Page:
American, Canadian MPs train together during Exercise Promethean Ram
April 30, 2013
CANADIAN FORCES BASE WAINWRIGHT, Alberta - Army Reserve soldiers assigned to the 200th Military Police Command's 443rd Military Police Company recently participated in the Canadian Forces' Exercise Promethean Ram during the month of April here.
Over several weeks, the Owings Mills, Md.- based unit. provided rear support for Canadian Forces during the war fighting exercise.
"Promethean Ram is a brigade level collective training exercise designed to prepare the 1st CMBG for Exercise Maple Resolve," said Capt. Kevin O'Brien, commander of 1 Military Police Platoon. "Our Canadian Forces are training in battle test standards in an effort to support the 1 Canadian Mechanized Brigade Group by providing force protection, detainee operations and convoy security."
The1st CMBG is a Canadian Forces brigade group that is part of Land Force Western Area of the Canadian Army based in CFB Edmonton Elements of the 443rd MP Company began their participation in the exercise by conducting situational training exercises separate from Canadian Forces.
"This is a physically challenging, tactically demanding exercise that will really help the individual soldiers of the 443rd hone their combat skills," said Lt. Col. William O'Byrne, commander of the 400th Military Police Battalion and a Lumberton, N.J., native. "They've been conducting individual and collective training on various combat-related tasks."
The tasks included convoy security, detainee search and seizure, improvised explosive device (IED) exercises and casualty evacuation procedures.
"This has been a great opportunity to try new things and practice our old procedures as well," said Spc. Scott Kriskie, a military police officer and York, Pa., native. "Our missions have definitely helped better our soldiering abilities."
In addition to their individual missions, the unit conducted joint training with Canadian elements, specifically the 1 Military Police Platoon. This gave them the unique opportunity to train alongside foreign allies.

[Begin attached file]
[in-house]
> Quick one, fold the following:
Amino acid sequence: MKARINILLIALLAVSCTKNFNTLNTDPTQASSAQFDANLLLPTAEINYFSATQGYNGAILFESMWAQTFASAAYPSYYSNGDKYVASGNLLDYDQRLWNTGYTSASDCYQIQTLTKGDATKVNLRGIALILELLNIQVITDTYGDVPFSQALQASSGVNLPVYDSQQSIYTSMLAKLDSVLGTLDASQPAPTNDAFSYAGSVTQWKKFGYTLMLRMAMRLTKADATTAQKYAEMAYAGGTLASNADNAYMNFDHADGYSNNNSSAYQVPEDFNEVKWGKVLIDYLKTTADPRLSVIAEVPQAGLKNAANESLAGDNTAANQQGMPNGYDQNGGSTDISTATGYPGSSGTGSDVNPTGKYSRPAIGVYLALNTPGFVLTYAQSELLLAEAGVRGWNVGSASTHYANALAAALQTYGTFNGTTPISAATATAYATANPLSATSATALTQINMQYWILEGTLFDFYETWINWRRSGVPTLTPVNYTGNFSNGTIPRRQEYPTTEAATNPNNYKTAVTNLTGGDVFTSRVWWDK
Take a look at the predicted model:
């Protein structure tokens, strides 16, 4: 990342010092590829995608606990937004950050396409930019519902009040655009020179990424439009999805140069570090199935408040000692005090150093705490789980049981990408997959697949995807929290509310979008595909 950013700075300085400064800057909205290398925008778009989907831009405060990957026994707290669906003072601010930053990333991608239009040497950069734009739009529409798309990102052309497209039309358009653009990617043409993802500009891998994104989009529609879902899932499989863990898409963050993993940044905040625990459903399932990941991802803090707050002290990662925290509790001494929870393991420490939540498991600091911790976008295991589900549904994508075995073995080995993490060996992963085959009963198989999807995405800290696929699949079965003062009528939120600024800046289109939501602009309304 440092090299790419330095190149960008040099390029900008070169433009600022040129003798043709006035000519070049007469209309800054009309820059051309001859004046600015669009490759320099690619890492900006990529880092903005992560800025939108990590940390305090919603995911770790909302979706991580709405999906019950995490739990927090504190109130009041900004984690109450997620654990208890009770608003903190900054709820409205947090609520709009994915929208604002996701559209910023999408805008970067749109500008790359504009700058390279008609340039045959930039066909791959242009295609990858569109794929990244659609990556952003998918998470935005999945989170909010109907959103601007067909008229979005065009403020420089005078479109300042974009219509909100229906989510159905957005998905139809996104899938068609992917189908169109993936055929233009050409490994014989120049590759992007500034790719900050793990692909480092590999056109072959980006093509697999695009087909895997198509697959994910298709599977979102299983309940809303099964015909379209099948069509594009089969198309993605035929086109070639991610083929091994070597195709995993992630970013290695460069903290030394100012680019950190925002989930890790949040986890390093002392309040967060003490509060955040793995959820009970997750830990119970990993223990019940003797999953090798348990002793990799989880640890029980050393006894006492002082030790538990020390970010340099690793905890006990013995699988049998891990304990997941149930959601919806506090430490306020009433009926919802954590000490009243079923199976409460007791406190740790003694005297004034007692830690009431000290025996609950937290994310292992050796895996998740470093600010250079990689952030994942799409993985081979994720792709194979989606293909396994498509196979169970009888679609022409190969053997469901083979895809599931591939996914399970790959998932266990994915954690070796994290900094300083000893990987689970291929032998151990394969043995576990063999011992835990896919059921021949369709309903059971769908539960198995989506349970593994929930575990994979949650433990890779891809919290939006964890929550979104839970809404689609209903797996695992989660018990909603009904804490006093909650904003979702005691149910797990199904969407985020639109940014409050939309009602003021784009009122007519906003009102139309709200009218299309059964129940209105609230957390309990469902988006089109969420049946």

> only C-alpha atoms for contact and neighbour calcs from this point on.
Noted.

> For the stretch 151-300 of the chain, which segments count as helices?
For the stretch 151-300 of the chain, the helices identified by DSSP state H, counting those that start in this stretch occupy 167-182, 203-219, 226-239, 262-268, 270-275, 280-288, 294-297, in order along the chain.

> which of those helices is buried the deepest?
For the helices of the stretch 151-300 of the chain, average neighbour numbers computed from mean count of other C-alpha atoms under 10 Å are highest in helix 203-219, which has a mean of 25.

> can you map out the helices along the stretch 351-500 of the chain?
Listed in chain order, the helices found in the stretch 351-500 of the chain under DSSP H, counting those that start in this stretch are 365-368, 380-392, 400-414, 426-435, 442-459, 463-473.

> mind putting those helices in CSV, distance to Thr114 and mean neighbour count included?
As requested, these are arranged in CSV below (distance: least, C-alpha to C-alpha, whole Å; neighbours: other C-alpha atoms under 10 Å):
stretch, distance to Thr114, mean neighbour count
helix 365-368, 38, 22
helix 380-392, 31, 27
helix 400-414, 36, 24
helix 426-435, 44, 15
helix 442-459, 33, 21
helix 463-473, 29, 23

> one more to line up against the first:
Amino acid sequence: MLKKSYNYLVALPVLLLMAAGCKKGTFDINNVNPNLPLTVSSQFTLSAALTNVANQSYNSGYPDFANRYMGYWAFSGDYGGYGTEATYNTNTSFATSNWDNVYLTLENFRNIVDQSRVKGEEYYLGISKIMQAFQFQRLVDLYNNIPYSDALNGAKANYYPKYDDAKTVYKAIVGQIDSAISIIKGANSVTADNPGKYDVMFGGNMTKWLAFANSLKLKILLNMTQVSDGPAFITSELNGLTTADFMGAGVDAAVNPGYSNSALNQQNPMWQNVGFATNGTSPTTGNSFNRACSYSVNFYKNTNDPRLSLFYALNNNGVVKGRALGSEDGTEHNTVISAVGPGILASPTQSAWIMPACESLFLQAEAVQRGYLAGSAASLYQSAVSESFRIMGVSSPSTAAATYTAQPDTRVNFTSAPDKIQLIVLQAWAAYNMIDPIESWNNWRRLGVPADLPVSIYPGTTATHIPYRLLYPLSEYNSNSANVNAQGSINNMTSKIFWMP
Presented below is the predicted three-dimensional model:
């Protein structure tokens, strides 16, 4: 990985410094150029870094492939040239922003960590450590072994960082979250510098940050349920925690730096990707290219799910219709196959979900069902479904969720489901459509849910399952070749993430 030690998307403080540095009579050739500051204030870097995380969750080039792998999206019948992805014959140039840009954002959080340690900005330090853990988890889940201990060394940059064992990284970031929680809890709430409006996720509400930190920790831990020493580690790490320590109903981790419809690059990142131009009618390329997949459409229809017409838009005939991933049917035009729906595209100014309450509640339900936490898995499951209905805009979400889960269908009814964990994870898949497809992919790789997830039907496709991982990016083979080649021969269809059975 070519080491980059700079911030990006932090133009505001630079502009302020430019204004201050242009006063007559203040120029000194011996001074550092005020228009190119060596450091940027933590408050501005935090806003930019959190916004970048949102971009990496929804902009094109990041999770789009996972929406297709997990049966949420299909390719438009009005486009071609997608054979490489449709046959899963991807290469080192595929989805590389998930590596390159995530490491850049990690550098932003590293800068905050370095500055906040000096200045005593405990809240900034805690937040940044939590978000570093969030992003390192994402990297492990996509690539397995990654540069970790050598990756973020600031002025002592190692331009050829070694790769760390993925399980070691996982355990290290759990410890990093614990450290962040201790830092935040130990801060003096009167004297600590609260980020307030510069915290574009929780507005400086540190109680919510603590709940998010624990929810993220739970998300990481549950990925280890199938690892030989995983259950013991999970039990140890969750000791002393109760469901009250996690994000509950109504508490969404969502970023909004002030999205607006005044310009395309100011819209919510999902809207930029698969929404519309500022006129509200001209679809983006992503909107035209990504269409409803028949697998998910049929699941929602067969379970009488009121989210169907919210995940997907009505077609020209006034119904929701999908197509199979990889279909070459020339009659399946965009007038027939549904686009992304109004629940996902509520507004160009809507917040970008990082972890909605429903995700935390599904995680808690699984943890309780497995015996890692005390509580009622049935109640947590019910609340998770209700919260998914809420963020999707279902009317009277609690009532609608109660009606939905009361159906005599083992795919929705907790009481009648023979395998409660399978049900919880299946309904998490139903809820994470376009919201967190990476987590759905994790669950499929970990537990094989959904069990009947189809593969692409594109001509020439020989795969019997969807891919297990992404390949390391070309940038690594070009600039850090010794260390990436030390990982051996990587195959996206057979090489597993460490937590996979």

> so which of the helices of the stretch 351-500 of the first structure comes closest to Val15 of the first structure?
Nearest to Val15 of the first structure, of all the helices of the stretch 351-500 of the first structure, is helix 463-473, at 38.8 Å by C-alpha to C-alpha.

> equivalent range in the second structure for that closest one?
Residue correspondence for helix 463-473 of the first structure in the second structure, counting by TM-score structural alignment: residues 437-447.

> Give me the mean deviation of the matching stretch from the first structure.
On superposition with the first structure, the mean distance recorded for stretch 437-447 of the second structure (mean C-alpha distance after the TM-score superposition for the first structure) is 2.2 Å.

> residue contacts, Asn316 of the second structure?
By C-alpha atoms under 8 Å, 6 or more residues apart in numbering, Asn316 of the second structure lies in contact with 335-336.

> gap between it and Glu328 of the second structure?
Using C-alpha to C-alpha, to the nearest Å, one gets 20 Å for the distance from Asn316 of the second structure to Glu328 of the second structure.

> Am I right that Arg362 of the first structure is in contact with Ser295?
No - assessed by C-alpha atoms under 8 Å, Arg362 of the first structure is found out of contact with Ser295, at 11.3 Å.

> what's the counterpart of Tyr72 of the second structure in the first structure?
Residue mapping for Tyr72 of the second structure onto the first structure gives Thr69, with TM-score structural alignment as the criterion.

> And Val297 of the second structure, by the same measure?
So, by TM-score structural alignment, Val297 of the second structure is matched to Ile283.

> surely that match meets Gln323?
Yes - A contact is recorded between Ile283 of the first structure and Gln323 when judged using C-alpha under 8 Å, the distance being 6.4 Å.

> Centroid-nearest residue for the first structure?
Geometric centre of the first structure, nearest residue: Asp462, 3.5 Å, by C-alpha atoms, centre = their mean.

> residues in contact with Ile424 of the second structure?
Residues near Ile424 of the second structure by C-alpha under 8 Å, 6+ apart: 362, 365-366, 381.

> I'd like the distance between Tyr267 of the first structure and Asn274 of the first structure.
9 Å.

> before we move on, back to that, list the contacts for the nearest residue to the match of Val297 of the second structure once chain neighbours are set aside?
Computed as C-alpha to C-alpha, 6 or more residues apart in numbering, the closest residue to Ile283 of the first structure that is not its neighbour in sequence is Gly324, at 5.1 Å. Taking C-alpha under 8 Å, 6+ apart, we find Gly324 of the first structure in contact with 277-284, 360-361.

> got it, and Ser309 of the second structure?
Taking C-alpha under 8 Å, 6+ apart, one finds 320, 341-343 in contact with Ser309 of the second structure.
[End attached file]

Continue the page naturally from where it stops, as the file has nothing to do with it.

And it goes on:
"It's been intriguing learning how Canadians do things differently from our forces," said Cpl. Jonathan McQuiston, a team leader and military police officer with the 443rd MP Co. and a Dover, Pa., native. "[The Canadian soldiers] are really friendly; they're a great group of guys."
Working together with elements of the Canadian platoon, the elements of the 443rd established route security and assisted in detainee search and seizure exercises.
"It's interesting having joint support from the 443rd MP Company," said O'Brien. "[The 443rd Soldiers] are very amicable and our relations with them have been absolutely fantastic."
Canadian forces were also very accommodating to the 443rd by providing hot chow, sustainment supplies and communications support.
"[The Canadian Forces] are taking great care of our Soldiers out in the field," said Cmd. Sgt. Maj. Timothy Eddy, command sergeant major of the 400th MP Bn., and Woodbridge, Va., native. "They are well versed and friendly, and we have a very good relationship with them."
The training exercise was conducted in a field environment with 24-hour operations in near sub-zero temperatures, severely testing the resolve of U.S. Soldiers and their 1 MP Platoon allies.
"It's been pretty tough with the freezing cold temperatures," said Spc. Christopher Lockey, a military police officer with the 443rd MP Company, and Fredericksburg, Va., native. "But we still manage to accomplish our missions and drive on."
In spite of such harsh conditions and a heavy workload, the 443rd MP Company felt grateful for the opportunity to train alongside Canadian allies.
"We've enjoyed the opportunity to augment and integrate with Canadian forces," said Capt. Matthew Gibbons, commander of the 443rd MP Company, and a Houston, Texas, native.
In the end, the military police company performed to their expectations.
"Here they were given the opportunity to train, think and perform their tasks," said Eddy. "So far they've performed well and have been recognized for their performance."
Looking forward, soldiers desired to use this training as a stepping stone for any future deployments as well as any opportunities to train with Canadian forces.
"One of the great things is the exchange of ideas, tactics, techniques and procedures," said O'Byrne. "One of the goals that I have is to gain an understanding and take back the lessons."
More than any training benefits or tactical gains however, American and Canadian forces gained something vital- a sense of camaraderie and friendship with fellow allies across the border.
"I have the utmost respect and praise for the 1 MP Platoon and the Canadian forces," said Gibbons. "I wouldn't have any doubts about taking these guys to war with us."